• Beginning in November 1988, all automobile and other property & casualty insurance rates were to be rolled back to 80% of their levels as of Nov. 8, 1987, and were to be held at such levels until November 1989.
  • Rate increases and decreases were now subject to prior approval of the elected insurance commissioner, replacing the “open competition” system that had previously prevailed for 40 years under the McBride-Grunsky Insurance Regulatory Act of 1947, which required only that insurers submit rate manuals to the California Department of Insurance (CDI).[13] Public hearings were mandatory for personal lines increases of more than 7% and commercial lines increases of more than 15%, while others were at CDI’s discretion.
  • The law created a role at these hearings for “public intervenors,” who are empowered to file objections on behalf of consumers, with fees to be paid by the applicant insurance company.
  • Prop 103 also established a rate-setting formula for auto insurance that mandated rates be based on an insured’s driving record, number of miles driven, and years of driving experience. While other factors could be considered, the burden would be on insurers to demonstrate they are statistically correlated with risk.
  • Drivers with at least three years of driving experience, no more than one violation point during the previous three years, and no fault in an accident involving death or damage great than $500 must be offered a “good driver discount” that is at least 20% below the rate the driver would otherwise have been charged for coverage.
  • The business of insurance was deemed subject to California antitrust, unfair business practices, and civil-rights law.

Because the law was subject to immediate and ongoing litigation, some provisions were only fully implemented years after the proposition’s passage. But notable among the law’s other provisions was Section 8(b), which rendered Prop 103’s text extraordinarily difficult to amend:

The provisions of this act shall not be amended by the Legislature except to further its purposes by a statute passed in each house by roll call vote entered in the journal, two-thirds of the membership concurring, or by a statute that becomes effective only when approved by the electorate.[14]

Much has changed in the world, and in California’s insurance industry, since the passage of Prop 103, but the lion’s share of the law remains as it was in 1988.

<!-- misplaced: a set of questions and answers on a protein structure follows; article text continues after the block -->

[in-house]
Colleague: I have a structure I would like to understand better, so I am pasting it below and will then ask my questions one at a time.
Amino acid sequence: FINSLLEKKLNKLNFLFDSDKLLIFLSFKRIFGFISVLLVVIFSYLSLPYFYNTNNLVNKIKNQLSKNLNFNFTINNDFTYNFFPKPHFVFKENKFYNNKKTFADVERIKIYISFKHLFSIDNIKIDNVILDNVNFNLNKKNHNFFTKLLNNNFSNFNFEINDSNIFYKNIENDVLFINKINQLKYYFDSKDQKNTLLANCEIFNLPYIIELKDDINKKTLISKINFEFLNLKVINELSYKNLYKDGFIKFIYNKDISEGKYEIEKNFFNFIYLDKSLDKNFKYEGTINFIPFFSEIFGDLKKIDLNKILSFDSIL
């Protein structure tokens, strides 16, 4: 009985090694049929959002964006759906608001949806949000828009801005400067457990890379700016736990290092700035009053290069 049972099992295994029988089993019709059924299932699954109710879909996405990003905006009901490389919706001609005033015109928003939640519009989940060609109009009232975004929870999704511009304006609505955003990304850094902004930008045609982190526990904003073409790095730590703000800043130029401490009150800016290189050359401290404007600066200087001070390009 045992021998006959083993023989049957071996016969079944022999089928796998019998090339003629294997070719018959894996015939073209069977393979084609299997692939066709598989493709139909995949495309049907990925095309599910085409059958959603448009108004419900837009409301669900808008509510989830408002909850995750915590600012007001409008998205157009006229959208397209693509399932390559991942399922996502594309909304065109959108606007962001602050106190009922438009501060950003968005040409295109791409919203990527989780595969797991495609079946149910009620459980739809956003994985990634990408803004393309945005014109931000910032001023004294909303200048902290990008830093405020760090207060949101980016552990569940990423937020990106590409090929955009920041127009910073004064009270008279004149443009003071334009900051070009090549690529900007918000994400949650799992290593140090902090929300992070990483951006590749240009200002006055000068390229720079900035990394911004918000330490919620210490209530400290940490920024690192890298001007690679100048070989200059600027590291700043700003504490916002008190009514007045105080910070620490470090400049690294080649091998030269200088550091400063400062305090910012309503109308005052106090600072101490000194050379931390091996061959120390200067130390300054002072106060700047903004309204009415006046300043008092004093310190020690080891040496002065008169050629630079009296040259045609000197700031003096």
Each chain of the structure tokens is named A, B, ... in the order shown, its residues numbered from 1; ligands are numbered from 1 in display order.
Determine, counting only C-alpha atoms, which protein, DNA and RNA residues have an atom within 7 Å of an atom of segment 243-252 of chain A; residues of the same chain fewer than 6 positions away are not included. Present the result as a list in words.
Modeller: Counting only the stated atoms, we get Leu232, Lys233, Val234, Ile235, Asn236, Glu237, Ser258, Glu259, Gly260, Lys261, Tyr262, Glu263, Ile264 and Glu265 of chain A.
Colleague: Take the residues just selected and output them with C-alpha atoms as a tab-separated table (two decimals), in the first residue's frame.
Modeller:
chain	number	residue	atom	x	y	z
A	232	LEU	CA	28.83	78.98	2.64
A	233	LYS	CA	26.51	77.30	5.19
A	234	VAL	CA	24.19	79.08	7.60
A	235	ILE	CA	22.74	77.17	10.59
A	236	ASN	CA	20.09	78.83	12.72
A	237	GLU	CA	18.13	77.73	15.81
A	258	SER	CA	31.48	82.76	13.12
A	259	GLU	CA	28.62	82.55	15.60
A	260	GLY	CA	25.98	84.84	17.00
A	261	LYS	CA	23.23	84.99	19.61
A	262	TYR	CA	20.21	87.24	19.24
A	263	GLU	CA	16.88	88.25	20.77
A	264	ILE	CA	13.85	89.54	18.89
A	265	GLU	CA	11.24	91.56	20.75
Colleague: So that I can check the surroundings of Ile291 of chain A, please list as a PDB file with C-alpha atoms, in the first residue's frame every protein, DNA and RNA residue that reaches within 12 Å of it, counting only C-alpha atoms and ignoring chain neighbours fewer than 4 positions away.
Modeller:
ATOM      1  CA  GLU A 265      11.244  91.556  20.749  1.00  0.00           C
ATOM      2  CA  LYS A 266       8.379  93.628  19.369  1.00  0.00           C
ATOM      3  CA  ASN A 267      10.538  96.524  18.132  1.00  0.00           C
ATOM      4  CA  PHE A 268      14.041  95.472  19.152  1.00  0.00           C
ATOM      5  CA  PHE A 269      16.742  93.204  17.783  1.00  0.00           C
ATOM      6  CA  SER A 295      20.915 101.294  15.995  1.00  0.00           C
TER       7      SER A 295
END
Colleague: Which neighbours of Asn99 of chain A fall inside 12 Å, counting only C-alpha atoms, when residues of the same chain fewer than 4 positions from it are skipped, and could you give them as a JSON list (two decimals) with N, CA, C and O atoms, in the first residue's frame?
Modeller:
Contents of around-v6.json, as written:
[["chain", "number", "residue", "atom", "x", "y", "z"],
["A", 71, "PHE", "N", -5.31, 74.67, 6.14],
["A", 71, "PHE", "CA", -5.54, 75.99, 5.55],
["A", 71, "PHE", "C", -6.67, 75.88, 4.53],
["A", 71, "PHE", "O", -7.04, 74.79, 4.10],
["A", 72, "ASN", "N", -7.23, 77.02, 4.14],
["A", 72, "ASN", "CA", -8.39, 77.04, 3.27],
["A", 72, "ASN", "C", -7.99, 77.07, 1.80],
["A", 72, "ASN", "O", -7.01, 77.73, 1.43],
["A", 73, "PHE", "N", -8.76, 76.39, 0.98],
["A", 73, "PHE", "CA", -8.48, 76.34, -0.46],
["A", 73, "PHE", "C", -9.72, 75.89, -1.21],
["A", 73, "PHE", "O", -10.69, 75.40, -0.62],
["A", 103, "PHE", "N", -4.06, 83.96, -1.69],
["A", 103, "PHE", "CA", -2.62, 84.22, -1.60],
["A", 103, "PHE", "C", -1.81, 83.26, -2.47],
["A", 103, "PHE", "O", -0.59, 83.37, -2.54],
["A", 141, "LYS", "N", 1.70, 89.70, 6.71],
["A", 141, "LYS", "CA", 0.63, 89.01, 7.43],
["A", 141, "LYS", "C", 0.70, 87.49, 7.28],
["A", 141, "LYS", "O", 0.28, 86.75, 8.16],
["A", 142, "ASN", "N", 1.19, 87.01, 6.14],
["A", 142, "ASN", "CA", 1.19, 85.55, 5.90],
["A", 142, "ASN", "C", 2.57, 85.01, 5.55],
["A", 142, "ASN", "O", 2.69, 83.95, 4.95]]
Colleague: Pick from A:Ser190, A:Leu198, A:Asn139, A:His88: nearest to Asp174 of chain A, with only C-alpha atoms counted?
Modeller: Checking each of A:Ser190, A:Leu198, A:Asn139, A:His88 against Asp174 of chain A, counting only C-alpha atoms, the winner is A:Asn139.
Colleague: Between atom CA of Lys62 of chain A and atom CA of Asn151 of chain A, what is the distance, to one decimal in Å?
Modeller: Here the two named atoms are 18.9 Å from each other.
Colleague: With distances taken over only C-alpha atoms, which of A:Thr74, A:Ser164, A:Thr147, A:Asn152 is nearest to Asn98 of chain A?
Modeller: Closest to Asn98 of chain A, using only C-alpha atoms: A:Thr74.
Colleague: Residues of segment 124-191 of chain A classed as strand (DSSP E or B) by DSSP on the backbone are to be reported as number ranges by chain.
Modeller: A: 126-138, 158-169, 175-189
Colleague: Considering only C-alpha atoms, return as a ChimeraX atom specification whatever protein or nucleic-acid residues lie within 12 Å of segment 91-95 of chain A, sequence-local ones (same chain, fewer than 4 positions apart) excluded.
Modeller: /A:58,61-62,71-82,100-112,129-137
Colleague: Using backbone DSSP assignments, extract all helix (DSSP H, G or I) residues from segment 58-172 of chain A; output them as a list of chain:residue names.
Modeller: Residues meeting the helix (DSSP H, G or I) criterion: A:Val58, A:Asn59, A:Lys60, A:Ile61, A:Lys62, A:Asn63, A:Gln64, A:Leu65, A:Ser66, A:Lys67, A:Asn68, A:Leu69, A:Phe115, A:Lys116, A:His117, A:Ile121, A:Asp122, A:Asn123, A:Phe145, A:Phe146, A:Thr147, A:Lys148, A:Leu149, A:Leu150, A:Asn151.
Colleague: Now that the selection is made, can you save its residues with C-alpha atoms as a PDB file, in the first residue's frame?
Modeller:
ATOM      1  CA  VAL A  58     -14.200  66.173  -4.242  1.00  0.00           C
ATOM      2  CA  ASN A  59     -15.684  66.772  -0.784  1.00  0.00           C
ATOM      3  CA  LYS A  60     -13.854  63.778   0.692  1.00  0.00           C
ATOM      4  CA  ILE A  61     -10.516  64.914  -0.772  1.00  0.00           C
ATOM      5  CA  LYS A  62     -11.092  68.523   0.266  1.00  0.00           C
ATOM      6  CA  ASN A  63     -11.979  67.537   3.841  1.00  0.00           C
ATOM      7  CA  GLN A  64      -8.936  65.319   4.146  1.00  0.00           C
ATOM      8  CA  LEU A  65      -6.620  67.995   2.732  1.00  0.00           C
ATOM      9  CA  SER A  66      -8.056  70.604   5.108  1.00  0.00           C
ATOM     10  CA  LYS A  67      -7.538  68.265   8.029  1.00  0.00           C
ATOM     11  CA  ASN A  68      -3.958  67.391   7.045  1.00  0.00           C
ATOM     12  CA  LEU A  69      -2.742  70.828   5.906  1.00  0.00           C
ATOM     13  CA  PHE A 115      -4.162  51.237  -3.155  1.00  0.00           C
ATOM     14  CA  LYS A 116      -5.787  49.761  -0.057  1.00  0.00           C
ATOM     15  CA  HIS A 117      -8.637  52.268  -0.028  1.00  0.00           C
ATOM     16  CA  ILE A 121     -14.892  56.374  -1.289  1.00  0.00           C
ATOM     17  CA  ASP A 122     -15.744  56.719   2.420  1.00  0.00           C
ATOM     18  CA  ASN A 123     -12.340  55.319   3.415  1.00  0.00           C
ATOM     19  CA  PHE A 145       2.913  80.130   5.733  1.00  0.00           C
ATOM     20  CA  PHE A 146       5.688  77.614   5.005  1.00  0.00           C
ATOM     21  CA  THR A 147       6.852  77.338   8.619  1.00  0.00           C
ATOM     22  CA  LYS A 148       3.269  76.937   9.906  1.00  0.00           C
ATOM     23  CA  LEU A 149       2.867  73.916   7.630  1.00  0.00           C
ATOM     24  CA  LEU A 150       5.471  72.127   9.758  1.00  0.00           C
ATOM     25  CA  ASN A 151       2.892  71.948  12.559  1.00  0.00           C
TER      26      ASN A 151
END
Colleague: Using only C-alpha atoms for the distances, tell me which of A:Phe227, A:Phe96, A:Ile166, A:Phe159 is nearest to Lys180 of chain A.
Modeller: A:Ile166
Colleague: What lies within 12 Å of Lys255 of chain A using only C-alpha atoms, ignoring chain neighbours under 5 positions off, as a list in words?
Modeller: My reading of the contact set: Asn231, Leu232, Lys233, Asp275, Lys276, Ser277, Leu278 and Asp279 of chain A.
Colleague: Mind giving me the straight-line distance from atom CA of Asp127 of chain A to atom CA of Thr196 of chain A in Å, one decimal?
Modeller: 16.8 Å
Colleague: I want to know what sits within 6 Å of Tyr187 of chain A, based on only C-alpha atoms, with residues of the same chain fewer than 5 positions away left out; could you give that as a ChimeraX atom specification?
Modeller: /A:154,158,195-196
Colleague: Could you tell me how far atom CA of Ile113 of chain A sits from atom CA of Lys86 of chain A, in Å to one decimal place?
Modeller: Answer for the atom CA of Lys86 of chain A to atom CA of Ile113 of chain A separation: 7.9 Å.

II.     The Recent History of California’s Insurance Market

The recent story of California’s property & casualty insurance market has been one of uncertainty and induced dysfunction.

Prior to the COVID-19 pandemic, California’s market was saddled by availability issues stemming from a series of historically costly wildfires. California homeowners insurers posted a combined underwriting loss of $20 billion for the massive wildfire years of 2017 and 2018 alone, more than double the total combined underwriting profit of $10 billion that the state’s homeowners insurers had generated from 1991 to 2016.[15] Partly in response to those losses, as well as the inability to adjust rates expeditiously, the number of nonrenewals of California residential-property policies grew by 36% in 2019, and new policies written by the state’s residual-market FAIR Plan surged 225% that same year.[16]

To stanch the bleeding of admitted market policies into the FAIR Plan and the surplus-lines market, CDI in December 2019 invoked recently enacted statutory authority to issue moratoria barring insurers from nonrenewing roughly 800,000 policies in ZIP codes adjacent to specified major wildfires.[17] As of November 2022, nearly 2.4 million policies statewide were in ZIP codes under nonrenewal moratoria, many of them added following additional catastrophic wildfires in 2020.[18]

During the COVID-19 pandemic, CDI instituted a rate freeze in auto insurance and accused the industry of profiteering. In June 2020, California Insurance Commissioner Ricardo Lara took credit for ordering $1.03 billion of premium refunds, dividends, or credits for auto-insurance policyholders, as well as “an additional $180 million in future rate increases that insurance companies reduced in response to the Commissioner’s orders.”[19]

In fact, most of the early rebates were voluntary, in line with similar voluntary rebates that insurers issued across the country.[20] CDI would not publish its methodology for mandatory rebates until March 2021, at which point it declared that, rather than the 9% of premium that California auto insurers returned to policyholders from March through September 2020, they should have returned 17%.[21] In October 2021, the California Court of Appeal ruled in State Farm General Insurance Co. v. Lara that Prop 103 did not actually give the commissioner authority to order the retroactive rate refunds.[22]